Hidden underwater city open for tourists in Turkey

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Not far from Antalya, the coastal city of Turkey, there is a small unmanned island known as Kekova. The tranquility of the place is quite mesmerizing. The water is blue and transparent which is why the Turkish term ‘Kekova’ is chosen as the name for the island.

The island is known to the world as a mysterious attraction under the water, a lost city. The water acts as a looking glass through which the part of the sunken city can be clearly seen. Taking the mystery to the new level, the previous ban for diving in this curious site has been partially lifted and divers are allowed for restricted ventures in 32 sites.

The ruins date back to 2nd century AD. The city was a trading post for the contemporary civilization that was devastated by earthquakes. Anyone can see the ruins underwater while traveling on a boat or a kayak. The ban was commenced on 1986 in order to protect the lost heritage of the sunken city by the government. However, it is good news for the history buffs and archaeologists that the ban has been partially lifted and 32 sites can be visited in this UNESCO World Heritage site.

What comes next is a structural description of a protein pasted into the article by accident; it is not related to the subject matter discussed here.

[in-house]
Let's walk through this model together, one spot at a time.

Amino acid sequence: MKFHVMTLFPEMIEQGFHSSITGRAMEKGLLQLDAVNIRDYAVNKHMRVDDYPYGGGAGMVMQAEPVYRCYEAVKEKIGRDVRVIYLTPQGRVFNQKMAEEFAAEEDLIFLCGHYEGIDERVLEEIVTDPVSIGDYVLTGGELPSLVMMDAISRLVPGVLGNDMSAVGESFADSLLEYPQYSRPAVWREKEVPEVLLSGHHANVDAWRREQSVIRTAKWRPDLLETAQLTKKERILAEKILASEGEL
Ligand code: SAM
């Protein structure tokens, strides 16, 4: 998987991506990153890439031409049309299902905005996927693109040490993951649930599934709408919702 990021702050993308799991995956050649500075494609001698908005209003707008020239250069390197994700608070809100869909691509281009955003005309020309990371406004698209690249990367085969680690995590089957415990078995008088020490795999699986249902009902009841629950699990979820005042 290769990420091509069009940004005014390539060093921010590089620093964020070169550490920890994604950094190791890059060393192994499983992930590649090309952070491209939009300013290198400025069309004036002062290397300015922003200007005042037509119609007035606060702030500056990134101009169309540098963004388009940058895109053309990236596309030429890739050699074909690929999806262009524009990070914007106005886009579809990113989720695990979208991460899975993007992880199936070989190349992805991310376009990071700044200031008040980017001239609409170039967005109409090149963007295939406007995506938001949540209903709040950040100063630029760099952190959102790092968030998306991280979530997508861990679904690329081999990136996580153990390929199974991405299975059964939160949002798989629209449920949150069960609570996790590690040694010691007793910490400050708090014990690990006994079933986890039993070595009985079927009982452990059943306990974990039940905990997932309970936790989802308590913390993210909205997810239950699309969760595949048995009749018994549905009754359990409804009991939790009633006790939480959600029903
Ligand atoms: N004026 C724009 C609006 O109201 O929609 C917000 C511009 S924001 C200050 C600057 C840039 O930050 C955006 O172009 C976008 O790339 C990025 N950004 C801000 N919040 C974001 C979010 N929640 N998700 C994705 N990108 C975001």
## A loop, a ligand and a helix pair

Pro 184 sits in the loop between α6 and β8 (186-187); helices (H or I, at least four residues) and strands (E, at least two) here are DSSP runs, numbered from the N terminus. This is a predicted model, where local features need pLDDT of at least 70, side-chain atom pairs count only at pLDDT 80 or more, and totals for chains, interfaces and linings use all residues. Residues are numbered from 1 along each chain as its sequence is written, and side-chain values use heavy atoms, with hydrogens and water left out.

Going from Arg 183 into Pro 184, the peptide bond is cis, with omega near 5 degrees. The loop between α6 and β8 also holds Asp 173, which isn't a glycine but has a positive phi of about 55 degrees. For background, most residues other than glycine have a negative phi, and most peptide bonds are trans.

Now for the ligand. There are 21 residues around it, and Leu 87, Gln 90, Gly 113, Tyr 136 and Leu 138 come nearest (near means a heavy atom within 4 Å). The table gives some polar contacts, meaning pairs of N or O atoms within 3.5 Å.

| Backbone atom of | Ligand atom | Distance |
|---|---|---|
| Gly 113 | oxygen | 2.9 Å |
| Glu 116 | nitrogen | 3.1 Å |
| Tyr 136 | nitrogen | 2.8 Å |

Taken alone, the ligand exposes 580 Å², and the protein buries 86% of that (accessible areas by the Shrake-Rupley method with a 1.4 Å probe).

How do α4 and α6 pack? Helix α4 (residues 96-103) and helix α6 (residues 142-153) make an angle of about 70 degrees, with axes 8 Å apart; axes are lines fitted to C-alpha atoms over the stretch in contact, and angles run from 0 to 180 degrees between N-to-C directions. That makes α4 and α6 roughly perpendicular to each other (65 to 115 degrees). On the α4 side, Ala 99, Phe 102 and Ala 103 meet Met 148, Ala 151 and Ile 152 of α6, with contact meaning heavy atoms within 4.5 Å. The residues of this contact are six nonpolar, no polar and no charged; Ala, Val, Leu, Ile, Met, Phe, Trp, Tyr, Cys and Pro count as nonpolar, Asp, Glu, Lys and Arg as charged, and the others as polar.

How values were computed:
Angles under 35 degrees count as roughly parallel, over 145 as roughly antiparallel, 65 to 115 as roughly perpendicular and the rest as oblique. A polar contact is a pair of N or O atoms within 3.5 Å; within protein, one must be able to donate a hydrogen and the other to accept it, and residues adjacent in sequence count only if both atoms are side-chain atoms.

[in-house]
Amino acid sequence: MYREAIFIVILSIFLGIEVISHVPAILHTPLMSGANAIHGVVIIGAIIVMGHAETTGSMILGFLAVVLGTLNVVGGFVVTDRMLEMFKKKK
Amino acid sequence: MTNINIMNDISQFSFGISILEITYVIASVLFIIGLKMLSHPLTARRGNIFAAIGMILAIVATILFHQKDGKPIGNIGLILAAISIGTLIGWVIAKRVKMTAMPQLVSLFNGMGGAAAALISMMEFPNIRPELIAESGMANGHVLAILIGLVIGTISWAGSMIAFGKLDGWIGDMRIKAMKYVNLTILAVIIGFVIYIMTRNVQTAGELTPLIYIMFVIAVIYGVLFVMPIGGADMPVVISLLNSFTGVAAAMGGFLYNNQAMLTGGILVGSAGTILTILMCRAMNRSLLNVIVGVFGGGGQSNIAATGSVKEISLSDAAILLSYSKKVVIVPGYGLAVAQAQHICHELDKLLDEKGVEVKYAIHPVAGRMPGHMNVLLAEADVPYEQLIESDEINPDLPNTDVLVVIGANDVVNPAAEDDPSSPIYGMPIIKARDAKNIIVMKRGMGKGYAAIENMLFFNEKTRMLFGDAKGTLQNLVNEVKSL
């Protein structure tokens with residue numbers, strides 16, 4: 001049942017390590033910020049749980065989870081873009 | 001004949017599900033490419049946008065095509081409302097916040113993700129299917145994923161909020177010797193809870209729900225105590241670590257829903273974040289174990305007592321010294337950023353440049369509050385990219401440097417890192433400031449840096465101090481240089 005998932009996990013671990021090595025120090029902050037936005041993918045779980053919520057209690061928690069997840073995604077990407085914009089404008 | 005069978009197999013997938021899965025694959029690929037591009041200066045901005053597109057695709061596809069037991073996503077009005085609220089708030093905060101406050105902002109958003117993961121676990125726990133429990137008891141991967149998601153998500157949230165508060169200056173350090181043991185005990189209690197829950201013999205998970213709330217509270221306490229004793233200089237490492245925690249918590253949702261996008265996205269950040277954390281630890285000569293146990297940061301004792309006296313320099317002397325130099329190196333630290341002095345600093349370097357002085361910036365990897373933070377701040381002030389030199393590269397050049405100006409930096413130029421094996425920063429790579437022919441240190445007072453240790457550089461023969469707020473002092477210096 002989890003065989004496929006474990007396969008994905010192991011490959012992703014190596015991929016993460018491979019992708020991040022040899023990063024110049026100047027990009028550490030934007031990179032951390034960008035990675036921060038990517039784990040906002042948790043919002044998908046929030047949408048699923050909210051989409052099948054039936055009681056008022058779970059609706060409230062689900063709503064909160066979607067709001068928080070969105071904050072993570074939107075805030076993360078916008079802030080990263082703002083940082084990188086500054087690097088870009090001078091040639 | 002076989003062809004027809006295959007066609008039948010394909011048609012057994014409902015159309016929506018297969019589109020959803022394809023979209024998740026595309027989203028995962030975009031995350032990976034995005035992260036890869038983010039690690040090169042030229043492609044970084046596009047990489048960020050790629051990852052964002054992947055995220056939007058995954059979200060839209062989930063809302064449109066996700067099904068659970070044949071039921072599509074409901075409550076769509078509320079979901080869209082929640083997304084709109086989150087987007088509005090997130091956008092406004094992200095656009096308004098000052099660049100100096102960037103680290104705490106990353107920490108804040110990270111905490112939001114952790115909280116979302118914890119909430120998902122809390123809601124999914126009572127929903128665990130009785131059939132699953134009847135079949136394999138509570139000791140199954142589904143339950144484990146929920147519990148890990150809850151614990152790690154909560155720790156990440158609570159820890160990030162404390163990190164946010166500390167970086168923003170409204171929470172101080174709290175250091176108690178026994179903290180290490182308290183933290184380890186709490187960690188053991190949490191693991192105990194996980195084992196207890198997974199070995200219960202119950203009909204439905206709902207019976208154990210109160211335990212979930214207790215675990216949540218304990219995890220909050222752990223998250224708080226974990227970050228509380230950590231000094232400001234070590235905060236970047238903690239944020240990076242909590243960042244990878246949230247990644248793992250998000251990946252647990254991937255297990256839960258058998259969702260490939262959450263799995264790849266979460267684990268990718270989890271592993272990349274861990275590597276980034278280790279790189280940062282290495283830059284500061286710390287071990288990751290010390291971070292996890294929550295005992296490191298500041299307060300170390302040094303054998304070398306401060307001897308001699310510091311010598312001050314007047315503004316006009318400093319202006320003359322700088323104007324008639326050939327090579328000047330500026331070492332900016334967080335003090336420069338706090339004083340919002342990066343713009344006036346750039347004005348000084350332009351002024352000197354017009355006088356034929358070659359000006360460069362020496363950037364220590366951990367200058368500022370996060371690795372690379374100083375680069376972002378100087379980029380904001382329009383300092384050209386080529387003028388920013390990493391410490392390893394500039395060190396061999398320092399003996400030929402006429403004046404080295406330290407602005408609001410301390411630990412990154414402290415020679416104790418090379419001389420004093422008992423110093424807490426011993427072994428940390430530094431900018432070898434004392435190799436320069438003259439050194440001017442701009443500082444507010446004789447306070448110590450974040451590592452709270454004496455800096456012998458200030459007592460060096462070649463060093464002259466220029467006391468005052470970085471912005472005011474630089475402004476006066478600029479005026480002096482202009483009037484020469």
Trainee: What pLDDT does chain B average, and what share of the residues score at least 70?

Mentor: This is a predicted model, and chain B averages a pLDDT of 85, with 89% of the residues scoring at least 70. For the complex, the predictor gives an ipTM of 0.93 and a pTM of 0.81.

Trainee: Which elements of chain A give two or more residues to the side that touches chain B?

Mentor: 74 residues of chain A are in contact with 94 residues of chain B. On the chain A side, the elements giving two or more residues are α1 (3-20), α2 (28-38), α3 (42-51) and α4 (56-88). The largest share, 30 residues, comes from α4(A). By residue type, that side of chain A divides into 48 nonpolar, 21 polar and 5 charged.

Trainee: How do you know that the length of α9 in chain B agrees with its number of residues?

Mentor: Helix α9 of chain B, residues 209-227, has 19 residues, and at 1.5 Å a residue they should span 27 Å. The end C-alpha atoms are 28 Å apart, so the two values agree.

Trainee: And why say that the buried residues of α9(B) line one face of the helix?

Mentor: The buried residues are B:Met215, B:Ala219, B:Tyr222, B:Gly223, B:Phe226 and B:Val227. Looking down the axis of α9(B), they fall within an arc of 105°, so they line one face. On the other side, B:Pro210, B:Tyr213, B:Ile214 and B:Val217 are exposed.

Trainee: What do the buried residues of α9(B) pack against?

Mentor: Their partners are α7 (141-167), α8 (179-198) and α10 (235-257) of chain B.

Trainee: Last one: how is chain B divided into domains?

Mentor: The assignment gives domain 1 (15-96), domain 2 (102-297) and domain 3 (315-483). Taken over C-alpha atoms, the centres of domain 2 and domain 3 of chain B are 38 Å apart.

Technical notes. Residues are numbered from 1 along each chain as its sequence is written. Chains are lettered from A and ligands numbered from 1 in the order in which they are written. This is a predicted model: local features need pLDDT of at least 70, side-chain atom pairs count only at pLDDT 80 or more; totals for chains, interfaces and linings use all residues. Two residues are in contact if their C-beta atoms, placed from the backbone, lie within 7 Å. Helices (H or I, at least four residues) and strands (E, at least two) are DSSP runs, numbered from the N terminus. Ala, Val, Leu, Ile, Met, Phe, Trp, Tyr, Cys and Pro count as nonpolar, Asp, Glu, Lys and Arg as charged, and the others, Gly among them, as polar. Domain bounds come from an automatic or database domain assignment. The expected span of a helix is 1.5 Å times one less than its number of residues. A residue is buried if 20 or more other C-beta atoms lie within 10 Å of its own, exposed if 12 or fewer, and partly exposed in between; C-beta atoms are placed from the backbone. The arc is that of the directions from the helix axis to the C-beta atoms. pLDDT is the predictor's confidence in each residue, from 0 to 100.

The Tourism and Culture ministry of Turkey is taking this lift as a perfect measure to increase influx of tourists in the particular seasons. The Mayor of Antalya, Münir Karaloğlu proposed the cessation of the ban and to diversify the prospects of tourism in the country. In fact, the cessation has been welcomed by the enthusiasts. The tourists will be properly guided by the archaeologists and trained guides to dive and enjoy the mesmerizing views of the lost city under water.

The harbor, stone staircases, houses, and public buildings will be a delight to watch submerged in the blue water. UNESCO also approved this venture and wants the tourists to witness the perfect example of lost culture and heritage.

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